Isn't ironic that travel makes us yearn for home? Haven't we learnt this from Wizard of Oz?
Geoff Dyer is a man who cannot be still. Who is constantly looking for the next thrill, the next cool place to be, the next fix. Yet what it all comes down to is an inability to stay still or to stay at one thing. Always moving, always distracted, it makes it easy for him to ignore the obvious.
I had become so habituated to this state of serial distraction that I scarcely gave it a second thought. Then I came across a passage in Shadows on the Grass, in which Isak Dinesen recounts a painter's description of a nervous breakdown he'd suffered during the First World War: 'When I was painting a picture … I felt that I ought to make up my bank account. When I was making up my bank account, I felt that I ought to go for a walk. And when, in a long walk, I had got five miles from home, I realized that I ought to be, at this very moment, in front of my easel. I was constantly in flight, an exile everywhere.'
Not for the first time I realized that I was continuing to function — continuing, more accurately, to malfunction — while in the grips of some kind of domestic shell shock or pre-traumatic stress, that I had been in the midst of an ongoing nervous breakdown without even being aware of it, that I had, in fact, gone to pieces.
It was some time before he realises that he was really in flight from a state of mind that had "gone to pieces." Why is it so difficult for us, mere mortals, to stay still and face up to ourselves? Anyone who has ever tried meditation will realise how difficult it is to still the "monkey mind." A yoga teacher once reminded us, "We start — by being still. And we achieve the most — by being still. It takes a lot more effort to stay still than it takes to move." A paradox of yoga and of life.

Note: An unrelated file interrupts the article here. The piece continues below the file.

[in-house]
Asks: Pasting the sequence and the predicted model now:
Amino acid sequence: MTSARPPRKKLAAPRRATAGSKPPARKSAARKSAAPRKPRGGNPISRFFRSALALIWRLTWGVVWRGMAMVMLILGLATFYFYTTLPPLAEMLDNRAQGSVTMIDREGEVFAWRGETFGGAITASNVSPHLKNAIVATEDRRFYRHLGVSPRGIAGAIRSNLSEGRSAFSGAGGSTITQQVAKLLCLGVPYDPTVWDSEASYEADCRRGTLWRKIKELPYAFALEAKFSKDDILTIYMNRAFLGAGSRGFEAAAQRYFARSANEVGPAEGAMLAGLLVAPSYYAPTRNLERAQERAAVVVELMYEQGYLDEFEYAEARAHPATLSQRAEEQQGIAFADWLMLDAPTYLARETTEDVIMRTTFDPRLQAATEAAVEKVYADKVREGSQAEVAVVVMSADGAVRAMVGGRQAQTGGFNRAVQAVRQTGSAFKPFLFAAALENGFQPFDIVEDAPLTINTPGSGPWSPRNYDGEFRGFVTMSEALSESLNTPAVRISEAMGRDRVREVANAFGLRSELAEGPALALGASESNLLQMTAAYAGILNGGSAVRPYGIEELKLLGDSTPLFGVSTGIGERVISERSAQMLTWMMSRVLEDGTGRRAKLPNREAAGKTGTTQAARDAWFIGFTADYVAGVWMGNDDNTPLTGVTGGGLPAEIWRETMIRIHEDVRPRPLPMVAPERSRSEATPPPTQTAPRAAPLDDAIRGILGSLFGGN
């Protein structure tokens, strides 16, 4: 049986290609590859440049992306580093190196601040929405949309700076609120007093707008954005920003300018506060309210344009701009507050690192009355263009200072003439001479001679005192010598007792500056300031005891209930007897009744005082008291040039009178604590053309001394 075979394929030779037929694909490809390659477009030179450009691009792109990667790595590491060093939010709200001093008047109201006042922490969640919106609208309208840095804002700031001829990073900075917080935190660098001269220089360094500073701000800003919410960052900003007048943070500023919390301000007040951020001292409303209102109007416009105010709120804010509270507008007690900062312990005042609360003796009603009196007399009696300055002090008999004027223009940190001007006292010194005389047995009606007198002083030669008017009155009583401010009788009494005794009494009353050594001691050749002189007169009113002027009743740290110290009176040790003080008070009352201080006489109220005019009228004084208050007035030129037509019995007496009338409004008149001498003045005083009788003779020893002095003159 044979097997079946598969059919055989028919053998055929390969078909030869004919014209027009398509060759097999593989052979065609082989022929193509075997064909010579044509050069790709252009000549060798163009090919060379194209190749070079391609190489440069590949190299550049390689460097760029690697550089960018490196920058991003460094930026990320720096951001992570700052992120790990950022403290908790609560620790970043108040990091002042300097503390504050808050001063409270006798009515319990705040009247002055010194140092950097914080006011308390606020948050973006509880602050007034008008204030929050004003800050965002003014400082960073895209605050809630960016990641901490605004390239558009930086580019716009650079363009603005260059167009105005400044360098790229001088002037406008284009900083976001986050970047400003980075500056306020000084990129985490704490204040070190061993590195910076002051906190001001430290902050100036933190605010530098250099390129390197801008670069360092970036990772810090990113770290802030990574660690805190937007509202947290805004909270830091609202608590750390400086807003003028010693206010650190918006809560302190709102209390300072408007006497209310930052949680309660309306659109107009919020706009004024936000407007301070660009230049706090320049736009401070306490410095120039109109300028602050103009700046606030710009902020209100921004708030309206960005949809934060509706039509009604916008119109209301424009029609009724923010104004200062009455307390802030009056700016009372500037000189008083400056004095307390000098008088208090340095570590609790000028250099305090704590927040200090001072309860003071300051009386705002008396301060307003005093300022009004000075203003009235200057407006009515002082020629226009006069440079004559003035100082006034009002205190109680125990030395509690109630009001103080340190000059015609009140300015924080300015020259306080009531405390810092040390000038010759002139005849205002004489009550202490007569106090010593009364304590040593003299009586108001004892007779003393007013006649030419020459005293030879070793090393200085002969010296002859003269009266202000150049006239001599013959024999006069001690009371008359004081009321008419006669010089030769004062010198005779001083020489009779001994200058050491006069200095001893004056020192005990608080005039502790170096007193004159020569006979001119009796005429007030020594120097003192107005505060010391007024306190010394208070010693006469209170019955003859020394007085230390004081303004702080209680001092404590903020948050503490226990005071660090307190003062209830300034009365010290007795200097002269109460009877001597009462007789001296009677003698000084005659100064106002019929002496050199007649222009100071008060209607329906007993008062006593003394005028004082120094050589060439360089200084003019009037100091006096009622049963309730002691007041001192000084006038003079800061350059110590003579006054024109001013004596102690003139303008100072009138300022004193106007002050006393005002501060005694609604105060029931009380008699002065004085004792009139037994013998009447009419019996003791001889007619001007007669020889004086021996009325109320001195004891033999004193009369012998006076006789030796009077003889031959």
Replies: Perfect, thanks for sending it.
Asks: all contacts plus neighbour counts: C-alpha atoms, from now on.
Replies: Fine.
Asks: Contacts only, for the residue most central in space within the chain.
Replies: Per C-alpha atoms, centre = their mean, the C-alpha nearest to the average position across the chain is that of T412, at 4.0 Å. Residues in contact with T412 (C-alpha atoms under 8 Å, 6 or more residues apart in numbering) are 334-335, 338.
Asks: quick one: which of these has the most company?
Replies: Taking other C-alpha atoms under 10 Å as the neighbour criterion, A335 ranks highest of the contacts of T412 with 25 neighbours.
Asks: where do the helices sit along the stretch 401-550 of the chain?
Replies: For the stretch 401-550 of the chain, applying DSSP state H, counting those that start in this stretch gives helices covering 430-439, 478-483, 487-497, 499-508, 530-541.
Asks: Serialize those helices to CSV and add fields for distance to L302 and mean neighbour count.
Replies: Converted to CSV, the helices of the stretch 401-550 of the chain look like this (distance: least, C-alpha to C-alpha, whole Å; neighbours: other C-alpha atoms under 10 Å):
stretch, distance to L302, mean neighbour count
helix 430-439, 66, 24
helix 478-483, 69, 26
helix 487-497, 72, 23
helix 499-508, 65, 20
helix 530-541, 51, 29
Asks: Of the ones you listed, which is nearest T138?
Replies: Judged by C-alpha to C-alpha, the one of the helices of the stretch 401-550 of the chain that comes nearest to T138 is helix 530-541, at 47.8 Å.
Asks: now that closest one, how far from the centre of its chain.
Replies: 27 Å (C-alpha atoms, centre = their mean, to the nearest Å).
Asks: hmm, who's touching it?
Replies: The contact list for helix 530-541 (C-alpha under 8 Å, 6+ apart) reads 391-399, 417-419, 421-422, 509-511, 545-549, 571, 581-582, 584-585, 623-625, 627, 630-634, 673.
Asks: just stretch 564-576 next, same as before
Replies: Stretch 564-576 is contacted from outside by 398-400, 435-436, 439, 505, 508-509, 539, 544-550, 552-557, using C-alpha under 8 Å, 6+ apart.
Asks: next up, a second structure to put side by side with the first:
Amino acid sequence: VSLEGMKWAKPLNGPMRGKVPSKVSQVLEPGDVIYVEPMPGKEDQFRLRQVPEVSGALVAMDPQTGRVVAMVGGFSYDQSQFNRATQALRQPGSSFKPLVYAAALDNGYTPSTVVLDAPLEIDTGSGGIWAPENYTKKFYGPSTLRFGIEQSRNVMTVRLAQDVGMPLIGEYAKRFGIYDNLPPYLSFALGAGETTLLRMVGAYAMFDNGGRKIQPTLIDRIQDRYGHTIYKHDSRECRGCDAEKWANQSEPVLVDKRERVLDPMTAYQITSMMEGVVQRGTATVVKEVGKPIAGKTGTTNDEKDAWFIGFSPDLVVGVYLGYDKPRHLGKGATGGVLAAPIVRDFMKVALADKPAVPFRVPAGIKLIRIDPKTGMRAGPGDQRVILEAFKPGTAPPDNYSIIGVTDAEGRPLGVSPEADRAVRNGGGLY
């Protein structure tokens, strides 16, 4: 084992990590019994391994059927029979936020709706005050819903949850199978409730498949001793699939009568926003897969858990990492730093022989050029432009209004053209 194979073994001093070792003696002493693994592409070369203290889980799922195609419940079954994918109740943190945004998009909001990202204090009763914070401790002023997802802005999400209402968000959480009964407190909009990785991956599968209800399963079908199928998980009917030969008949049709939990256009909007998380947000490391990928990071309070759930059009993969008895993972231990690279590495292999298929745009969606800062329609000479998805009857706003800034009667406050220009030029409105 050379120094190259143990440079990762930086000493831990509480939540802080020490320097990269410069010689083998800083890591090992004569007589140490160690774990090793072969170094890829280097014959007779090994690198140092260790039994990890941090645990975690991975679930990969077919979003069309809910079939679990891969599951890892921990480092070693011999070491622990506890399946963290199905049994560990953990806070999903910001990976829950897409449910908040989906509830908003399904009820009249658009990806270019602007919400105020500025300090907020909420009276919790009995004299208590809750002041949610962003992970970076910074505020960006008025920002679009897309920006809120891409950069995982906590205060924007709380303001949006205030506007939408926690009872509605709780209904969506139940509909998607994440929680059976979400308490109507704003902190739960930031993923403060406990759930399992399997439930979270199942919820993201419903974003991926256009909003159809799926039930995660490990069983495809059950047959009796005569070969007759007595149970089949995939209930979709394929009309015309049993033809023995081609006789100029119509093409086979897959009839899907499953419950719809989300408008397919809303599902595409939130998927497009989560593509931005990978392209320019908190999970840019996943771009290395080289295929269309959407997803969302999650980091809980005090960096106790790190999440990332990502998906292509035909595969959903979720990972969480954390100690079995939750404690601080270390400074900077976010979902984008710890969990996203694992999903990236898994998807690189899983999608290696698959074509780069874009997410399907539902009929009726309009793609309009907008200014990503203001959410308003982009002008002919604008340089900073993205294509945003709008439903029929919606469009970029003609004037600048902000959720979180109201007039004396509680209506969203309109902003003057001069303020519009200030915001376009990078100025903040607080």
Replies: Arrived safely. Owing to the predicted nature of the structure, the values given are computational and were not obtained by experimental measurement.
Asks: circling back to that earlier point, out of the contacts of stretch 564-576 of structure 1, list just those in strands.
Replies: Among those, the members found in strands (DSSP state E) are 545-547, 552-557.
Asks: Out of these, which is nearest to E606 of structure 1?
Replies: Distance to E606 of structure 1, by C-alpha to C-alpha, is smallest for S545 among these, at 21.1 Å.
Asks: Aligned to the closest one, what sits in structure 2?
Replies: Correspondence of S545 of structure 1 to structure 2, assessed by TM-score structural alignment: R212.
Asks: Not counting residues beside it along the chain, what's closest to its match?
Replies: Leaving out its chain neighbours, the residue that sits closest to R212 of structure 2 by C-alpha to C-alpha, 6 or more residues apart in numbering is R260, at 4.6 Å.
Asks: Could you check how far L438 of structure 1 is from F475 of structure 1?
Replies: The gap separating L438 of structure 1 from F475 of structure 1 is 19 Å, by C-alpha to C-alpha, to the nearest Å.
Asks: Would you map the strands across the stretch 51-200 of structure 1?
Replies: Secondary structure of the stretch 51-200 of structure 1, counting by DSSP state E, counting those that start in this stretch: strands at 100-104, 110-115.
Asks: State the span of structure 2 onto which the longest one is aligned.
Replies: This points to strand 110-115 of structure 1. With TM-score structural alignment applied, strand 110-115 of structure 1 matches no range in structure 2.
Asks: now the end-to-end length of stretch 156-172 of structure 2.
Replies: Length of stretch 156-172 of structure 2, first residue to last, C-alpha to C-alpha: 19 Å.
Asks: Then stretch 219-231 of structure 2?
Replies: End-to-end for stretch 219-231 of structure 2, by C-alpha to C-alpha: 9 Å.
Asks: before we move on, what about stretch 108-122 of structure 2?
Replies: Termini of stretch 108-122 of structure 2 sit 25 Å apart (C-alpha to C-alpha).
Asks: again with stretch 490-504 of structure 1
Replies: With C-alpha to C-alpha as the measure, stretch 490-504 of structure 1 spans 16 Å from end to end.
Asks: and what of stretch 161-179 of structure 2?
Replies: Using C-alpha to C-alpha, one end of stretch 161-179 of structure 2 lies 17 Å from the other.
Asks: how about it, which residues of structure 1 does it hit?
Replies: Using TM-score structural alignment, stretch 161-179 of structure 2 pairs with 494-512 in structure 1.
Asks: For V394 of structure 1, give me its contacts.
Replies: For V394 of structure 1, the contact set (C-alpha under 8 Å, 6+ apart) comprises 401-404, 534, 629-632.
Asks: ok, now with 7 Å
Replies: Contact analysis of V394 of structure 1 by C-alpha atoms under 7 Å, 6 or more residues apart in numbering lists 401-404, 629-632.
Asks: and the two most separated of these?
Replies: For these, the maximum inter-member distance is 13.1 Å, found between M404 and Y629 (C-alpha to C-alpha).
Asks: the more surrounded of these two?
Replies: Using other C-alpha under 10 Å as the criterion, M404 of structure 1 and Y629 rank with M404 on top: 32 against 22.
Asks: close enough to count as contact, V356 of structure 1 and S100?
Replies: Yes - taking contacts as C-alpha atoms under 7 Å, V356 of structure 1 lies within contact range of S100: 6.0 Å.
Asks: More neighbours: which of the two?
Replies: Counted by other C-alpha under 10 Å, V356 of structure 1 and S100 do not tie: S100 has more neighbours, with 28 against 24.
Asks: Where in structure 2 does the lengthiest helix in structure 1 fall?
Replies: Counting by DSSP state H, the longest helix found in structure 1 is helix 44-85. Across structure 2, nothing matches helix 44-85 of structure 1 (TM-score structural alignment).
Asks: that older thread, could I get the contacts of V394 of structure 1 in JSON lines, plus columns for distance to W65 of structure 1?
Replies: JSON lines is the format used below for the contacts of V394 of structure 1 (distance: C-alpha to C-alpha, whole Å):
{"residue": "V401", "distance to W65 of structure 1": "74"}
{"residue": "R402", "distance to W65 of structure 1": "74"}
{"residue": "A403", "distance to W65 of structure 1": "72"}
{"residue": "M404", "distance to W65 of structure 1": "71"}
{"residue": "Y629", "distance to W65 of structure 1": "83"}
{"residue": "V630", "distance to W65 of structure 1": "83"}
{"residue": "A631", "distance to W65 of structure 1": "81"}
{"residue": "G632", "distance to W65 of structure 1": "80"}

We're talking about more than just taking flight. Human unease manifest themselves in other little habits too. Dyer is constantly talking about projects he is interested in — in Rome, he thought about "writing something based around the bit in Civilization and Its Discontents" or about the movies he will make with his 8mm recorder. But these projects rarely seem to come to fruition. He's forever procrastinating, meandering. What is proscratination, after all? A deferral of arrival. Without arrival, we avoid the possibility of disappointment. So Dyer's unfinished projects will always be luminous in their possibility.
But I love the way he celebrated his journeys, and what it has led him to:
And here I was now, staring at the embers where the Man had stood. It was a high point in my life but it also felt familiar: one of those moments that make your whole life seem worthwhile because it has led to this, to this moment. Given a choice, I'd lived my whole life over again quite happily, changing nothing … Some kind of offering had to be made.